• Ned Richardson-Little (University of Exeter): "Between Dictatorship and Dissent: Ideology, Legitimacy and Human Rights in East Germany, 1945-1990" (Ph.D. dissertation, University of North Carolina at Chapel Hill, 2013)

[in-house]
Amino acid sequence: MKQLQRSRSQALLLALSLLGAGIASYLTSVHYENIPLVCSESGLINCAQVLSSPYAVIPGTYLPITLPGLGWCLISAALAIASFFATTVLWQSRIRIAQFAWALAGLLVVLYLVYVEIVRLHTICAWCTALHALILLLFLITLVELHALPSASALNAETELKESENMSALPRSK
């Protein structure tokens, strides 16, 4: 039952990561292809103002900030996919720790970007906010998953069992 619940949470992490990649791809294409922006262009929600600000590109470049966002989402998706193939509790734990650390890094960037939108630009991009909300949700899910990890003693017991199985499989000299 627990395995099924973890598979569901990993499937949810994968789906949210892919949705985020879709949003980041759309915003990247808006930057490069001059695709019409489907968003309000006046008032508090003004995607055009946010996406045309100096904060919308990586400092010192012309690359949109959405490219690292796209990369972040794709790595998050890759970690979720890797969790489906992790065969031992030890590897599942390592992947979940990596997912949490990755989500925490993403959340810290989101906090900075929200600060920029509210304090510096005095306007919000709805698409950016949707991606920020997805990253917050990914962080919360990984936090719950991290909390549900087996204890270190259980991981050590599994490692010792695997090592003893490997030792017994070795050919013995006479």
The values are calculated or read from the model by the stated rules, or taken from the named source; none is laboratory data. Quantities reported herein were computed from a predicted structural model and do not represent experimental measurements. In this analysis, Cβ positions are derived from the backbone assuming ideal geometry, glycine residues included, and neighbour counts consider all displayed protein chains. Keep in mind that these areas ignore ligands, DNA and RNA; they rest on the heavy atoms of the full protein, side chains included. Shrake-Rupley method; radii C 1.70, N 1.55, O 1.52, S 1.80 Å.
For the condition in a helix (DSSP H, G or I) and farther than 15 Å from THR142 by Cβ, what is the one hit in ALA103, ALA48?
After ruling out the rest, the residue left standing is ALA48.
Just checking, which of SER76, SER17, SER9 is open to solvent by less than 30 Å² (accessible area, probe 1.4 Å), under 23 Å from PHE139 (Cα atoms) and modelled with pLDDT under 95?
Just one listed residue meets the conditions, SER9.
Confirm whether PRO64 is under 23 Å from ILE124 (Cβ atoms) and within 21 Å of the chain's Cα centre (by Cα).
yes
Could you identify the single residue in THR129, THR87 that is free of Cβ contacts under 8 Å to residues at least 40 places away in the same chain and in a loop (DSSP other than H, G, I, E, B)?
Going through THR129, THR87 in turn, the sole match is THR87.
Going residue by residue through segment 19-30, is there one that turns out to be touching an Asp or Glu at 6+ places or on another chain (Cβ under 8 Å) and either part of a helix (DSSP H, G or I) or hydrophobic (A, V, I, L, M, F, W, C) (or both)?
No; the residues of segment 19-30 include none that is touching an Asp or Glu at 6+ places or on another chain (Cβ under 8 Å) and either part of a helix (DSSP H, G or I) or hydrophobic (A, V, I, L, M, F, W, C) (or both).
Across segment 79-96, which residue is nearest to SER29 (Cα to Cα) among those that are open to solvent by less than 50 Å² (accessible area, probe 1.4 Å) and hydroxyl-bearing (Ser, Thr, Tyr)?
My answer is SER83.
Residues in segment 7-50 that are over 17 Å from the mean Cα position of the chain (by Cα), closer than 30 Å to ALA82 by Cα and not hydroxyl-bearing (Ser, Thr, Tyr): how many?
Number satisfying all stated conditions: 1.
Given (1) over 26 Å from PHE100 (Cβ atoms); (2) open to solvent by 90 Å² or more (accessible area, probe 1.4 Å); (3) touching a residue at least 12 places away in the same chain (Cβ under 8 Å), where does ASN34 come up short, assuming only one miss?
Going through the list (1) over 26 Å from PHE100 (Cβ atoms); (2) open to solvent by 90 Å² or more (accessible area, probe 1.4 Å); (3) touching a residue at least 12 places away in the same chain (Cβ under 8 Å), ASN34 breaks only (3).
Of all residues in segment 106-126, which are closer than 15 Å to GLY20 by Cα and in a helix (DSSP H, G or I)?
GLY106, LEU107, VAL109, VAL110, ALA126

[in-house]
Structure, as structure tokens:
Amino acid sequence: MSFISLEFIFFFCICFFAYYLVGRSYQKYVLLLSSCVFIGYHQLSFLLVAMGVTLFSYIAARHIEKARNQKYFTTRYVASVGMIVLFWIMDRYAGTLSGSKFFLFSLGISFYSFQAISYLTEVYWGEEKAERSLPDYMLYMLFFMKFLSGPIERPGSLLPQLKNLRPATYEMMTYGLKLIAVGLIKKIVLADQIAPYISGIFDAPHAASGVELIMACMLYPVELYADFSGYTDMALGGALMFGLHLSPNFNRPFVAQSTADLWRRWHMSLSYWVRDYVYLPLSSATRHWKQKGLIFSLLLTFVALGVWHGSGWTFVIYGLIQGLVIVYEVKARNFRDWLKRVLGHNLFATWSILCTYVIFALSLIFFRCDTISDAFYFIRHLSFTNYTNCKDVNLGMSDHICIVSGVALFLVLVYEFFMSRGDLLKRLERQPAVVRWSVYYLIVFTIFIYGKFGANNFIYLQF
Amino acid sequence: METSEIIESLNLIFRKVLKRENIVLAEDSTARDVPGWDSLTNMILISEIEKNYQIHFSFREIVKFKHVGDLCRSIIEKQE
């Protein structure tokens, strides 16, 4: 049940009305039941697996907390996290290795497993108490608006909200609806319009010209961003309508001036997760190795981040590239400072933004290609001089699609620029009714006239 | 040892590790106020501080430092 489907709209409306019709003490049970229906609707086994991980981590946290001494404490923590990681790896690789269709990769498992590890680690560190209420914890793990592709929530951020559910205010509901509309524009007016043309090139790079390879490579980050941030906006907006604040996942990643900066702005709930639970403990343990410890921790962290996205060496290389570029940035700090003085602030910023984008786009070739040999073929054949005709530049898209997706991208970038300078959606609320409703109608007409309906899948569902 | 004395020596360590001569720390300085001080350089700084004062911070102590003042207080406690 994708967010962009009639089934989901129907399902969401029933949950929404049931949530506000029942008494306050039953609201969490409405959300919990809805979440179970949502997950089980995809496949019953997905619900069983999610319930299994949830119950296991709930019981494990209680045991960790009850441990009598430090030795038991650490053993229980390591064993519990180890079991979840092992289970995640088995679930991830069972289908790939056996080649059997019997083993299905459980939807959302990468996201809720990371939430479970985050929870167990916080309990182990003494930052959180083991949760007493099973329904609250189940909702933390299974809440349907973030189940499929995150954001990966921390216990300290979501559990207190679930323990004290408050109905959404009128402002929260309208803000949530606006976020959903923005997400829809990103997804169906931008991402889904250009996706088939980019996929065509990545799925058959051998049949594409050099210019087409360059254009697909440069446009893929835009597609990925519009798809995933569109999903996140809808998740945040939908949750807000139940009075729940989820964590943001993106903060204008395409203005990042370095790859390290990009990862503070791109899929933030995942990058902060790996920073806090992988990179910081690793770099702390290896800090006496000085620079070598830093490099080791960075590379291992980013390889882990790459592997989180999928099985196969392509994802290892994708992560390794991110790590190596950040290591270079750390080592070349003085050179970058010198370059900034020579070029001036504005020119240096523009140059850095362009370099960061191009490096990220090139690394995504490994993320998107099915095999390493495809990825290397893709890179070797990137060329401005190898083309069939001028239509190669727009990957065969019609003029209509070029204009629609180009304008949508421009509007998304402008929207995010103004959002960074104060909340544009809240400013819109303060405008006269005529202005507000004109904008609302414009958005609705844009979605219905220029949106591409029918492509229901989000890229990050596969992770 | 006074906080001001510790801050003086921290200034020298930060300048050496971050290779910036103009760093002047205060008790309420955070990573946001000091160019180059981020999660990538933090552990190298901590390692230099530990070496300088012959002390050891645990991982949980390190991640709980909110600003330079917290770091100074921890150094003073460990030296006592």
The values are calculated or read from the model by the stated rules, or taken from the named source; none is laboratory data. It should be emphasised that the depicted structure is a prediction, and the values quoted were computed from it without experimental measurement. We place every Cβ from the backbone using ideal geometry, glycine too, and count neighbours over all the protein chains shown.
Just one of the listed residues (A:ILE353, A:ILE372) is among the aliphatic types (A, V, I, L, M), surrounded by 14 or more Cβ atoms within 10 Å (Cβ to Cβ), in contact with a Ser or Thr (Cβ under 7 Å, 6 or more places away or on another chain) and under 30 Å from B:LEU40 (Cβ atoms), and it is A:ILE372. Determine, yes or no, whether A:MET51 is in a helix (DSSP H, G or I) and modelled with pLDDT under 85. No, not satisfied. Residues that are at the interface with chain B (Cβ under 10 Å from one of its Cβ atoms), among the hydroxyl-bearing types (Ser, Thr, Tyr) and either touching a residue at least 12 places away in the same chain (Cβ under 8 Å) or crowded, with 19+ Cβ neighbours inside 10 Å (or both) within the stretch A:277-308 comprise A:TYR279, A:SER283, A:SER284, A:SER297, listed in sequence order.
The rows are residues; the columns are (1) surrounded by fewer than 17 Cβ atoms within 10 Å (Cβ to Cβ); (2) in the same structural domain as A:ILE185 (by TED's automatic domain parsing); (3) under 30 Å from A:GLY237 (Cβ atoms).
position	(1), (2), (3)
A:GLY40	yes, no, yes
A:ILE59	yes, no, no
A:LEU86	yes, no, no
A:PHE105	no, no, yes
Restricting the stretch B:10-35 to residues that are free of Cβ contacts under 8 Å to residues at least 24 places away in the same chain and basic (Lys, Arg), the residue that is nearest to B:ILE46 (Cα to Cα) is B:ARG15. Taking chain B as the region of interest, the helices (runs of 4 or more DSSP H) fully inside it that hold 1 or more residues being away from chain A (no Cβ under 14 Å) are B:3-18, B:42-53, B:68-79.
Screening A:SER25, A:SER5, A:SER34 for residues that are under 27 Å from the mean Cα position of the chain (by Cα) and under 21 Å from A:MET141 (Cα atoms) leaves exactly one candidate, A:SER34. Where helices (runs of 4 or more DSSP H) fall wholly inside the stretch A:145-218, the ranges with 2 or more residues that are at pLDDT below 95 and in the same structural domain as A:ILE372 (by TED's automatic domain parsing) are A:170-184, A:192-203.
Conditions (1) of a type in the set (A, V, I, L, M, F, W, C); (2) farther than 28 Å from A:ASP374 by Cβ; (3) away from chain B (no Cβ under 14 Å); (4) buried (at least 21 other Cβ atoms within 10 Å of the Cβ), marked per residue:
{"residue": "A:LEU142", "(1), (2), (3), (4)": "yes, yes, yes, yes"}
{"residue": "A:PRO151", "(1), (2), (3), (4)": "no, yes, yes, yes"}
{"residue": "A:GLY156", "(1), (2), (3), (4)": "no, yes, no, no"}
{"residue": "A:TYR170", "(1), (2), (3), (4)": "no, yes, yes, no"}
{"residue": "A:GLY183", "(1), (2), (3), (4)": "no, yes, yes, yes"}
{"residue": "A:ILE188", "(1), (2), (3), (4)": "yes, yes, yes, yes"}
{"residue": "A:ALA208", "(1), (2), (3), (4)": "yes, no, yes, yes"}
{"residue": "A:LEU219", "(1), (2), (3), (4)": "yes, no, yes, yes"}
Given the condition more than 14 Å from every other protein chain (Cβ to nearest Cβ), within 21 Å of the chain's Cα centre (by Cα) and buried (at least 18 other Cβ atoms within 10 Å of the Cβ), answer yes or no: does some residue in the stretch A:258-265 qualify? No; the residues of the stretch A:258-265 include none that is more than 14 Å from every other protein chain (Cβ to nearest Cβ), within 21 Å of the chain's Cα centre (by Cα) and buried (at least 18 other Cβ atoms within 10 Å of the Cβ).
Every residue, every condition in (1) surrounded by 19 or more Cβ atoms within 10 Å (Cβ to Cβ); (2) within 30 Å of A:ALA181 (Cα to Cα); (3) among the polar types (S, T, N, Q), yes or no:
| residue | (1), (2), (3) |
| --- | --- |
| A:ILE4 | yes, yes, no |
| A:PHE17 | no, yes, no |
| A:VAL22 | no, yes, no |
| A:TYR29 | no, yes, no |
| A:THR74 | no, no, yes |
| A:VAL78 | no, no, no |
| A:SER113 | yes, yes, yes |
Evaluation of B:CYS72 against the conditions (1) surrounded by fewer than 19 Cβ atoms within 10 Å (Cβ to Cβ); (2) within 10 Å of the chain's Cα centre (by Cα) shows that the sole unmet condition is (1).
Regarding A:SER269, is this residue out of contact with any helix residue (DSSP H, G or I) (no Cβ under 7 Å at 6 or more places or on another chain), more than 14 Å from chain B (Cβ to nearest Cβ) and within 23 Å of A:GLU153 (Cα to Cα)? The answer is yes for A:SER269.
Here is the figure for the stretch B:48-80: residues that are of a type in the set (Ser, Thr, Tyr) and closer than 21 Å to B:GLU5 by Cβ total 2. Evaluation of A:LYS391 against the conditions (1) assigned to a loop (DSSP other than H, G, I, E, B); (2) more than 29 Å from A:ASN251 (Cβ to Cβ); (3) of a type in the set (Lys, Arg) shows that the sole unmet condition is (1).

Prize citation: Edward Richardson-Little's dissertation, "Between Dictatorship and Dissent: Ideology, Legitimacy, and Human Rights in East Germany, 1945-1990," is an intellectually challenging and beautifully written study of human rights politics in the German Democratic Republic. Upon learning that leaders and supporters of the ruling Sozialistische Einheitspartei Deutschlands (SED) often invoked human rights, one might be tempted to imagine this practice as a cynical use of rhetoric by a dictatorial government to combat a rival Western vision of democracy and capitalism. However, Richardson-Little persuasively demonstrates that the SED and its supporters convinced many religious leaders, intellectuals, and working class supporters that socialism supported an indigenous brand of human rights superior to the individualistic, liberal version offered by the West. Richardson-Little makes excellent use of a wide range of sources from fourteen German archives to argue that, not only was there a thriving debate about human rights in East Germany, but also that citizens used that discourse to express dissent. Quite early, the SED developed its own Marxist conception of human rights to criticize the West, including the dangers of Western imperialism. The East German regime encouraged its citizens to believe that there could be "no human rights without Socialism." The SED established a Committee for Human Rights, argued for human rights solidarity in the Third World, and used human rights as a basis for international agreements with the West. By the mid-1980s the discourse of human rights fostered by the SED provided peace activists, environmentalists, and advocates of democracy a powerful tool to oppose East German policies as well. The strength of their arguments helps explain the speed of revolutionary impulses by 1989. The SED's use of human rights discourse, Richardson-Little demonstrates, played a critical role in legitimizing its own downfall. The topic of human rights has received a great deal of scholarly attention from recent historians, largely as part of narratives of the spread of Western values. However, as Richardson-Little points out, contradictions between a rhetoric of human rights and political policies that violate those rights characterized Western powers as well. Historians should be no less willing to accept that contemporaries in East Germany could value human rights, even if their envisioned path to achieving those rights varied significantly from their Western counterparts. In the face of continued debates about the limits of the West's commitment to human rights, Richardson-Little's Between Dictatorship and Dissent thus makes a significant and timely contribution, both to the historiography on modern Germany and to the emerging scholarship on human rights.